Saturday, October 17, 2009


As you've likely noticed, TK and I have recently produced a flurry of blog content. What we haven't done for a while though is give a comprehensive update on this whole project - not since I posted The Résumé back in July! So here goes...

New Product Line - Version 1.2
We recently produced a 53:30 version of PolyCultures in hopes of being included in PBS' Independent Lens series. We're inserting 2:30 of "value added" on the edges and calling it the 56-minute cut (i.e. the length it'll be if/when it airs). This cut obviously does not have the depth of its 100-minute predecessor (v1.1), but the core messages are retained and the flow is much better - it's much more enjoyable, if I do say so myself ;-)

In the process we kicked out two other cuts that are each about 27 minutes long. The first is about urban food access issues and solutions to that, such as City Fresh and urban gardening. The second is about the problems with conventional agriculture, ecological agriculture as an alternative to that, and a look at how that alternative is being brought to scale. We think these cuts are great as an introduction to either subject and should fit well within a single class period for high schools or colleges. By the way, the movie is already being used in curriculum by such fine area schools as Case Western Reserve University, Gilmore Academy, and Padua Franciscan High School.

At present we have just home-burned DVDs of these new cuts, but we're happy to make any of them available to parties who wish to purchase a public screening license.

Public Screenings
Speaking of screenings, we've had quite a few of them recently. In fact, in the months of August, September, and October we will have had 13 screenings that were presented by Tom, Brad, and/or myself in such locations as: Des Moines, St. Louis, Milwaukee, Athens, Youngstown, Oberlin, and of course several neighborhoods around Cleveland. In addition, there have been invite-only screenings in Chicago and San Diego - the latter was at a sustainable seafood restaurant called Sea Rocket Bistro, and here are a couple pics from the event:

Check out the "Recent Screenings" section to the right for details on each of these events. And definitely check out the "Upcoming Screenings" to the right for our upcoming screenings in Cleveland and California!

Food & Environmental Film Festivals
It was an honor to be a part of the film festival at what must be the nation's largest sustainable food conference in Des Moines (see my three-part series below). And it's going to be an honor to be a part of the nation's largest environmental film festival - PolyCultures has been chosen as an official selection for the 8th Annual Wild and Scenic Environmental Film Festival being held in Nevada City, CA on January 15-17, 2010! I'm hoping to be able to attend that one as well... looks like a great festival.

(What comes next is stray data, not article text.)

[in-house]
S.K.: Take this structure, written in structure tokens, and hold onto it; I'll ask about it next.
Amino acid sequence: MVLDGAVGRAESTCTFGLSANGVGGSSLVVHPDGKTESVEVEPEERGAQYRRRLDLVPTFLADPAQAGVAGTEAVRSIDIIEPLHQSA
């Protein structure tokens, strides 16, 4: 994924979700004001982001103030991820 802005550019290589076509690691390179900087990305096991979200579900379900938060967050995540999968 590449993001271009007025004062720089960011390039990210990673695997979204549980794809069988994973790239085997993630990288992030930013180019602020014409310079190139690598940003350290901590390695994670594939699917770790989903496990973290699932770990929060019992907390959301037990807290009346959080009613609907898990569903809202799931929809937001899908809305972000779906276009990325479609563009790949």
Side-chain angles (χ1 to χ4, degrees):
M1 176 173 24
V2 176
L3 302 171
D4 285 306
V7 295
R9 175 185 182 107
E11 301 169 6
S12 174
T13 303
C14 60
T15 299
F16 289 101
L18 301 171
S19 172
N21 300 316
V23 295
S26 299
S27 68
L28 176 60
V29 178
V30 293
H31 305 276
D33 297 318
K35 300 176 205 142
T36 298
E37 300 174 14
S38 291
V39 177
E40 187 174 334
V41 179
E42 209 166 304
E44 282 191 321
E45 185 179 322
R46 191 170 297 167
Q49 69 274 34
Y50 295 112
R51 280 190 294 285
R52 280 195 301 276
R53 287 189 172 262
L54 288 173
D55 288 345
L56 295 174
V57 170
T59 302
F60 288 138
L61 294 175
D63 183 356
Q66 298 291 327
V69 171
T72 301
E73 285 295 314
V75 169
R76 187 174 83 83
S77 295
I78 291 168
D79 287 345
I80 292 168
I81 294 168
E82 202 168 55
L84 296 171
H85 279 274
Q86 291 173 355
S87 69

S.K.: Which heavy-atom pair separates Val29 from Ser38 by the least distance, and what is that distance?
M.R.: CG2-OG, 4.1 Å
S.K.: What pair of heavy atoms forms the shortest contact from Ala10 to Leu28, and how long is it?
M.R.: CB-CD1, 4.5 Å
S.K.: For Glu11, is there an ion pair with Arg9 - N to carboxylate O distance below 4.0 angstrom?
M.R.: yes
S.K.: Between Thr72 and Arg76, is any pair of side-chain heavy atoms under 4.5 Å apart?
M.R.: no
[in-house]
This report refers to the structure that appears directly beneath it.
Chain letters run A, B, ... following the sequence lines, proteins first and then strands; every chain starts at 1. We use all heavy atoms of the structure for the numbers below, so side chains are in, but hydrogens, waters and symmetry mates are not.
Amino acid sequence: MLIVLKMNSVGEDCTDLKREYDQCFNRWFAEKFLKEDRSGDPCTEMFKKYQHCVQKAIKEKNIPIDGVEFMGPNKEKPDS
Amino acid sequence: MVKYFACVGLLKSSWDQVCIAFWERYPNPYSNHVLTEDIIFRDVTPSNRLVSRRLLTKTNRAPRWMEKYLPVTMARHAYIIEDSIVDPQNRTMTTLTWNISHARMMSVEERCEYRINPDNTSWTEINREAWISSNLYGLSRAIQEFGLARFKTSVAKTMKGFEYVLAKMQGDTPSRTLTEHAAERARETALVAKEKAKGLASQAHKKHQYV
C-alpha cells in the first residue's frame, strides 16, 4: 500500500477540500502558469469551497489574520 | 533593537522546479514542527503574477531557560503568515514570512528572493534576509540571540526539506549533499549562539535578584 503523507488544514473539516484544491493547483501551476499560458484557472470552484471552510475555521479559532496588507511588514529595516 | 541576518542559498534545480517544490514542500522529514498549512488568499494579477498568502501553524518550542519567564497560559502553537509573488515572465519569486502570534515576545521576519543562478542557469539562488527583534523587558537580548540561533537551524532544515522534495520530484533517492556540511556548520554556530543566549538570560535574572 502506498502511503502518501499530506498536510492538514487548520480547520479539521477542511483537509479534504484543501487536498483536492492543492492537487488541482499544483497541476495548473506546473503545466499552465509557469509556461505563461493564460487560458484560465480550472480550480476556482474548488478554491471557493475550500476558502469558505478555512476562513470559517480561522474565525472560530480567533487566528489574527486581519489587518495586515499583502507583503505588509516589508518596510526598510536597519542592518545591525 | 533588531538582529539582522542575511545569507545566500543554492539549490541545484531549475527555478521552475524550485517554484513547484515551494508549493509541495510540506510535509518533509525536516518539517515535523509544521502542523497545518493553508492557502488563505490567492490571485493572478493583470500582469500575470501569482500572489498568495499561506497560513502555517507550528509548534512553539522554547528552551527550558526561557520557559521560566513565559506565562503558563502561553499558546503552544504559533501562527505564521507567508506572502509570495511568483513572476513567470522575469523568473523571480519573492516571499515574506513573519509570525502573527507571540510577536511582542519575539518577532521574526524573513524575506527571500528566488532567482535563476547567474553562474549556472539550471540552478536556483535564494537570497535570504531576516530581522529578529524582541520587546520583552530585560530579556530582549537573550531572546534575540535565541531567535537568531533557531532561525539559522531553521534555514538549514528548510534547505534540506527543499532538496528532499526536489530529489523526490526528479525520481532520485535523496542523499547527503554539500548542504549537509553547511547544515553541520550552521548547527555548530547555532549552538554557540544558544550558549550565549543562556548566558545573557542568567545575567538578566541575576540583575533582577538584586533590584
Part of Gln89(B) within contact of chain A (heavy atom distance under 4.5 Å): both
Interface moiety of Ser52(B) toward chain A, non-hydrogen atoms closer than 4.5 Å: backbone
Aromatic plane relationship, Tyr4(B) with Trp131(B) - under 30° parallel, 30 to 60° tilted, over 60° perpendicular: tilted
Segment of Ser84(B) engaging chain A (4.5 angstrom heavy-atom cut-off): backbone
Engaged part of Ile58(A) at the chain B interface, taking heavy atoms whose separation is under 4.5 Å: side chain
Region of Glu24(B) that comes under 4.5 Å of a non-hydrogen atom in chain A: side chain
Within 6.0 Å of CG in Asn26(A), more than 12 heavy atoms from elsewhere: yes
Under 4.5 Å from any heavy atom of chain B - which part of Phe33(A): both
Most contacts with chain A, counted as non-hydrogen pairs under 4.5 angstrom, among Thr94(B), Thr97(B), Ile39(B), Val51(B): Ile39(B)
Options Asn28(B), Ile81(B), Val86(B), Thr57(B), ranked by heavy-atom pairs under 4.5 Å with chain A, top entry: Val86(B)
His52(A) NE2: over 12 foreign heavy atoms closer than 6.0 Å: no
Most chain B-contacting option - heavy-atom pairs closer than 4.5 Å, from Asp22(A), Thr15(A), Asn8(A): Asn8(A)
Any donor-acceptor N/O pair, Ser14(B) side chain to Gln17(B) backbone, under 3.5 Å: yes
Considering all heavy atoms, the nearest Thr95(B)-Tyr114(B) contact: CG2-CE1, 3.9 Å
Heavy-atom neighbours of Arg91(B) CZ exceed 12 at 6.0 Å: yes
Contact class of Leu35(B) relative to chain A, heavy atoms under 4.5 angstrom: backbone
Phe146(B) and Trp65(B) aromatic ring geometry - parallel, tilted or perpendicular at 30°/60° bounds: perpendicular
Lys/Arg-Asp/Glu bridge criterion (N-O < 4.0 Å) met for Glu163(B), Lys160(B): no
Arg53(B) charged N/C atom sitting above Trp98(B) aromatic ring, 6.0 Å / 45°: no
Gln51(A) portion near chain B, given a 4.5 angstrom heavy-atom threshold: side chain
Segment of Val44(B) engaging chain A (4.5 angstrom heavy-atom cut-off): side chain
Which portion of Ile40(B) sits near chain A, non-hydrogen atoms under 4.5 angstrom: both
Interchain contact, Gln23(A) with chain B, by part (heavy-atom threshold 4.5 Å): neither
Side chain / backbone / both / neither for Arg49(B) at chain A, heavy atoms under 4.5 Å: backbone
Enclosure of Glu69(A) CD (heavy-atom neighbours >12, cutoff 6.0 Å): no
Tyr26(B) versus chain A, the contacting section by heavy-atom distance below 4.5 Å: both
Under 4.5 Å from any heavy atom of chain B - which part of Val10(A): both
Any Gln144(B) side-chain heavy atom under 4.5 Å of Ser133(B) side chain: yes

PolyCultures was an Official Web Selection of the 2009 Blue Planet Film Fest and recently received a 2009 Accolade Film Award.

Also, there's a great food film series going on Tuesdays this month at the Rocky River Nature Center, including The Future of Food, Fresh, King Corn, and Super Size Me. Tom and I have been going out to see these (again), sell PolyCultures DVDs, and show our trailers in promotion of our upcoming December screening at the Nature Center.

Addressing Food Gaps in Urban Areas
Tom and I both live in the heart of urban Cleveland and know how difficult it is to get fresh, healthy food nearby. We recently shot some footage of an area grocery store that was abandoned, resulting in a food vacuum in that community. We've incorporated this new footage into a new 5-minute piece on food deserts.

This coincides with a presentation we recently gave to the Cleveland Cuyahoga County Food Policy Coalition, in conjunction with Jenita McGowan's presentation of her related research in urban neighborhoods.

It seems from several recent comments on our About the Movie page that people are really digging City Fresh as a solution in underserved neighborhoods.

Along these lines, here's an insightful essay on the topic of urban farms that happens to mention PolyCultures, recently written by Marianne Eppig for her fine blog Renovating the Rust Belt.

Here's a little treat for making it to the end of this post. I found this bizarro site while fishing for PolyCultures stuff. My favorites include "polycultures food where we live: you will not seem the show of reasons that wonder like word tried that church for potential" and "Polycultures food where we live: enrique vergara, the responsibility of the american santo works, drew to happen by road phone blue demon a art of his own." As well, I learned that "Polycultures food where we live: there are other placing prizes in the 56k." Can't argue with that reasoning.

1 comment:

  1. Funny, the website informed me of the following:

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    ...Quite frankly, I don't remember the homosexual stops, but I'm rather impressed that you managed to have a foliage with Orson Welles. And don't worry about The Doors; they disbanded years ago, so their criticism doesn't matter.